This is still the conservative take on Katrina. But where O'Reilly and Will merely suggested that the government can't help those who are unable to help themselves when disaster strikes, Neal Boortz is much more blunt in his latest rant against Katrina victims.
BOORTZ: I like this: "Edwards' campaign will end the way it began 13 months ago, with the candidate pitching in to rebuild lives in a city still ravaged by Hurricane Katrina. Edwards embraced New Orleans as a glaring symbol of what he described as a Washington that didn't hear the cries of the downtrodden." Cries of the downtrodden, my left butt cheek. That wasn't the cries of the downtrodden; that's the cries of the useless, the worthless. New Orleans was a welfare city, a city of parasites, a city of people who could not and had no desire to fend for themselves. You have a hurricane descending on them and they sit on their fat asses and wait for somebody else to come rescue them. "It's somebody else's job to get me out of here. It's somebody else's job to save my life. Not mine. Send me a bus, send me a limo, send me a boat, send me a helicopter, send me a taxi, send me something. But you certainly don't expect me to actually work to get myself out of this situation, do you? Haven't you been watching me for generations? I've never done anything to improve my own lot in life. I've never done anything to rescue myself. Why do you expect me to do that now, just because a levee broke?"
And then Edwards said, yeah, it was Washington's problem, it was all Washington's problem, it was all George Bush's fault. You had a city of parasites and leeches, and that's George Bush's fault? So, boy, I need to slow down. I'm saying too many of the things I actually believe today.
What Will and O'Reilly merely implies, Boortz all but says outright: it's not that the government can't help people, especially the poor, who can't get themselves or their families out of harms way; it's that the government shouldn't help them. Their poverty itself marks them as undeserving of help.
And it's not just the government that must not offer help. Boortz's rant, and the philosophy behind it, excuses him or any individual from offering help to the poor and suffering. "Not my job," says Boortz, or anyone else's. Where Al Gore quietly flew people out of New Orleans, on his own dime and his own time, Boortz rants self-righteously from a radio studio. According to conservative philosophy, it's Boortz who actually did the right thing. After all, the aftermath of Katrina, given who was left behind, was simply the way things ought to be. The poor are so solely because of their own moral failings. If they were better people they'd be better off.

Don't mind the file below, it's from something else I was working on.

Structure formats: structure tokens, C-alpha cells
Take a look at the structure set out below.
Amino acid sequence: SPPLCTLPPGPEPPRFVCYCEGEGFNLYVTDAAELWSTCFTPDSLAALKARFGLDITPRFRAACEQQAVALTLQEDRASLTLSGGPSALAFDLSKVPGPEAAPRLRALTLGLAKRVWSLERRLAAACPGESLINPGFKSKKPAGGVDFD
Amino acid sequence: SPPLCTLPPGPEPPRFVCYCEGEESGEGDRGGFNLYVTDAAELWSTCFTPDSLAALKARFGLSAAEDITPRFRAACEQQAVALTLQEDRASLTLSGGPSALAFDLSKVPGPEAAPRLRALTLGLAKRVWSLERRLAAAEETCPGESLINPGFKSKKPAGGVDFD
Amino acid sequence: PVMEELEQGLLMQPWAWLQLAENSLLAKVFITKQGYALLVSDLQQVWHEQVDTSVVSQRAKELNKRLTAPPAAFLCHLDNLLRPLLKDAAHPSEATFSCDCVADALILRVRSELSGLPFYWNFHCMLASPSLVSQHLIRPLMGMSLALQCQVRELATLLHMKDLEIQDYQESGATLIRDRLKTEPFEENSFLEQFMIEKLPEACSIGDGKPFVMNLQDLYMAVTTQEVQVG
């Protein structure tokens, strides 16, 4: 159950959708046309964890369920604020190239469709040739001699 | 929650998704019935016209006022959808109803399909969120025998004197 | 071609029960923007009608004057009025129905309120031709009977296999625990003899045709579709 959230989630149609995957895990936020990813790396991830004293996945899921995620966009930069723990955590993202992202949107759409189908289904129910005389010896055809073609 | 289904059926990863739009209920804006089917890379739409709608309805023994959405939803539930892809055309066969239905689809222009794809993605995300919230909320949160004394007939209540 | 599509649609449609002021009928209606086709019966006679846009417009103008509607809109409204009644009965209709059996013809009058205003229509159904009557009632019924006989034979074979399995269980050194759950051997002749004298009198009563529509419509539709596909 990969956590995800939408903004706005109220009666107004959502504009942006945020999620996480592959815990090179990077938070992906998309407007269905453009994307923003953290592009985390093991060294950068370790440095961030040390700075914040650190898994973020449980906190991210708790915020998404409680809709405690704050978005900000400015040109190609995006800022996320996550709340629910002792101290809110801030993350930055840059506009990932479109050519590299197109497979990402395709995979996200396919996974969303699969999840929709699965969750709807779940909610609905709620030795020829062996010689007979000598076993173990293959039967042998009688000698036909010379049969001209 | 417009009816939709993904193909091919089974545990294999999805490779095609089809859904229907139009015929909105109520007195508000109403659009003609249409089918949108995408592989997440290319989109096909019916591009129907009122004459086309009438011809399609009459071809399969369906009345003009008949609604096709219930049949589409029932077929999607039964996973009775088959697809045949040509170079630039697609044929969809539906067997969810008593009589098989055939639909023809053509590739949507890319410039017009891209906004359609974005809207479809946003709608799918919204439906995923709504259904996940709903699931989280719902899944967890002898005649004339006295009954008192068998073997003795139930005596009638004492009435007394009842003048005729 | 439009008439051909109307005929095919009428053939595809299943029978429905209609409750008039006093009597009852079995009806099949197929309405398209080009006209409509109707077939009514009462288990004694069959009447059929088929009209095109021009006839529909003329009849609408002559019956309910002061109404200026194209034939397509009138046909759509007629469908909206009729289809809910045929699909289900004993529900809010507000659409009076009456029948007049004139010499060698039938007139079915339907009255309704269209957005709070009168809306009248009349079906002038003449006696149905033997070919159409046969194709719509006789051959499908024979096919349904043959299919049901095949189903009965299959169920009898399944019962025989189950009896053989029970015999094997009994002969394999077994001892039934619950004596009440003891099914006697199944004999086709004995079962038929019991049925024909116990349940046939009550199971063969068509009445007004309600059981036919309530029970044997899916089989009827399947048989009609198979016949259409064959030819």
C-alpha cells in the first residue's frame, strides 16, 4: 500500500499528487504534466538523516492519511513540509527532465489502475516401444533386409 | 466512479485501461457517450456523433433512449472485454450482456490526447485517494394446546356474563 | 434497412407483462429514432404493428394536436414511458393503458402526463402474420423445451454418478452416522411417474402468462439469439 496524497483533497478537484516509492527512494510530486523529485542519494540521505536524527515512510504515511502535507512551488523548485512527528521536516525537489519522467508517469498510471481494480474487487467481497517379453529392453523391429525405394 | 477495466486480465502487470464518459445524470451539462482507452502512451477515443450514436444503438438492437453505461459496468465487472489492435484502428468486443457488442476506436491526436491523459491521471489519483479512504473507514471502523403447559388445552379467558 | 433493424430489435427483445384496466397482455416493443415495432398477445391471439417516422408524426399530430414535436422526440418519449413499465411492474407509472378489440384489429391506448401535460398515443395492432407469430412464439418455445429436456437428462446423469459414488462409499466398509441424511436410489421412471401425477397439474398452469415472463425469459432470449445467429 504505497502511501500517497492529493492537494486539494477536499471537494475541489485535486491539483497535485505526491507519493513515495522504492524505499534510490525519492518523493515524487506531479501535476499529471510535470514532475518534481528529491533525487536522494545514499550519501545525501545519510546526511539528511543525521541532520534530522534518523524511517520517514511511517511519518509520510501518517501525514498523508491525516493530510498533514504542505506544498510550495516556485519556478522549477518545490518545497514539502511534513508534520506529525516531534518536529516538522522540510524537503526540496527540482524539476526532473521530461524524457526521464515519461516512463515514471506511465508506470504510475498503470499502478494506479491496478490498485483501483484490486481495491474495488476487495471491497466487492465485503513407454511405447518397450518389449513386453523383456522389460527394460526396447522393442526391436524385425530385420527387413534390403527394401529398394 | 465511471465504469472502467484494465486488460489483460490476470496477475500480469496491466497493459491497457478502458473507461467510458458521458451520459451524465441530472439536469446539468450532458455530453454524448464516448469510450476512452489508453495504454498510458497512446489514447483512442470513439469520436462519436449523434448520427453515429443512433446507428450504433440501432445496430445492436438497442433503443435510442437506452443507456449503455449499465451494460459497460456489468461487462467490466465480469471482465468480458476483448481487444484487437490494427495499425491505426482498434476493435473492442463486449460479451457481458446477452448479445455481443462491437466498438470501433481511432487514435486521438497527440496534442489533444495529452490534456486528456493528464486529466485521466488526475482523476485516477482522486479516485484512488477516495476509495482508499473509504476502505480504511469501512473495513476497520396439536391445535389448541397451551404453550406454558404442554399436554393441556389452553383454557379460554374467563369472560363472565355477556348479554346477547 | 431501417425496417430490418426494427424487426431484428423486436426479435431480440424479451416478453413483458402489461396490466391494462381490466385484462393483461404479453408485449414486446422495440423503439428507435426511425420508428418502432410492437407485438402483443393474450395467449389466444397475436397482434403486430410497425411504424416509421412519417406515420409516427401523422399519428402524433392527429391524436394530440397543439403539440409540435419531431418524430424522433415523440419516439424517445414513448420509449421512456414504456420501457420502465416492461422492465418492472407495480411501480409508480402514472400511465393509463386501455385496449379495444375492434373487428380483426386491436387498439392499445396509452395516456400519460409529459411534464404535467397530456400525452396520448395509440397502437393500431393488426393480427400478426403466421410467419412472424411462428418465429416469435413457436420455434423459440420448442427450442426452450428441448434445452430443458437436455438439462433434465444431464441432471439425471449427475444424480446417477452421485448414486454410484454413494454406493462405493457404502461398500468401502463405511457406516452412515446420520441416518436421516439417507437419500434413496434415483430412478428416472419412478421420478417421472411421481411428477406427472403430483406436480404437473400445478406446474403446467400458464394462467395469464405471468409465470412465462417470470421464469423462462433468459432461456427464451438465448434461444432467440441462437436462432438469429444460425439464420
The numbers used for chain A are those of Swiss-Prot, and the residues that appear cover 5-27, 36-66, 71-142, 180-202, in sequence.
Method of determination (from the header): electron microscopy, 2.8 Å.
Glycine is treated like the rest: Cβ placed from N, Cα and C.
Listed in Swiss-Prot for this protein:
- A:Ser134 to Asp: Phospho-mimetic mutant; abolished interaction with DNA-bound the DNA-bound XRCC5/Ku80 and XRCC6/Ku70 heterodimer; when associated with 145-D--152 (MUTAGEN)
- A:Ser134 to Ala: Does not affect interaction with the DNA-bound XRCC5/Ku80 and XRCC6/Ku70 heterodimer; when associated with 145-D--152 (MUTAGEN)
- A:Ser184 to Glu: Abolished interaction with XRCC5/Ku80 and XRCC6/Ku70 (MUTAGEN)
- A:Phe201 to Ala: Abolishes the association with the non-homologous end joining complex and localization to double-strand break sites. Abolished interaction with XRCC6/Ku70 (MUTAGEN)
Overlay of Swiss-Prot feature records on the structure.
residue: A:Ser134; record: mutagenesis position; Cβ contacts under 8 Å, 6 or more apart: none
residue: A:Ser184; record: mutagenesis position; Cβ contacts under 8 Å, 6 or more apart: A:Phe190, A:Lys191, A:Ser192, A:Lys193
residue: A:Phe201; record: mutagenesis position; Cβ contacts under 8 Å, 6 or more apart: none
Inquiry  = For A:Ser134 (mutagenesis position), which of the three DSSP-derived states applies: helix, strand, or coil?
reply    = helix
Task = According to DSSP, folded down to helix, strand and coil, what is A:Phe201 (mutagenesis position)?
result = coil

Anyone who helps them is actually helping the wrong people. That's why it's not just neglect but "devout neglect," as Stahl refers to it. It may be neglect, but in the world Boortz and conservatives like him would have the rest of us live in, it is not just "devout neglect." It is righteous neglect. If survival is "a matter of privilege," then some people shouldn't survive. Their poverty identifies them as such, and thus helping them survive is actually immoral.
I can only imagine what Boortz, Will, O'Reilly and the entire conservative media noise machine would say about the poor, sick, elderly, (and let's just say it) Black folks who would almost certainly be left behind to "fend for themselves" in the aftermath of an epidemic, "dirty bomb" or terrorist attack in or around D.C. It won't be the fault of an inadequate health care system. It won't be the fault of a government that fails in its attempt to detect a threat, protect citizens, or plan for evacuation and relief.
If or when it happens, "Katrina on the Potomac" will be the fault of the poor, sick and elderly left to suffer the aftermath. And if the consequence is that disaster gets them "out of the way" of decidedly non-parasitic developers seeing no-bid contracts to bulldoze affordable housing and build shelter for the more affluent, then it's simply a case of nature "cleaning up," and is even some cause for celebration.
When I first moved to the D.C. area, over ten years ago, my parents came to visit. They were shocked at the number of homeless people in Washington, and remarked to me that such ought not be the case in the nation's capital. My guess is that they believed that conditions in the capital should reflect the principles that are—or should be—the basis of our philosophy of government.
Conditions in D.C. are no less shocking today, but they are a reflection of conservative philosophy, its consequences and perhaps its aim. Things are in D.C. are not yet as they should be. But we are only one disaster away.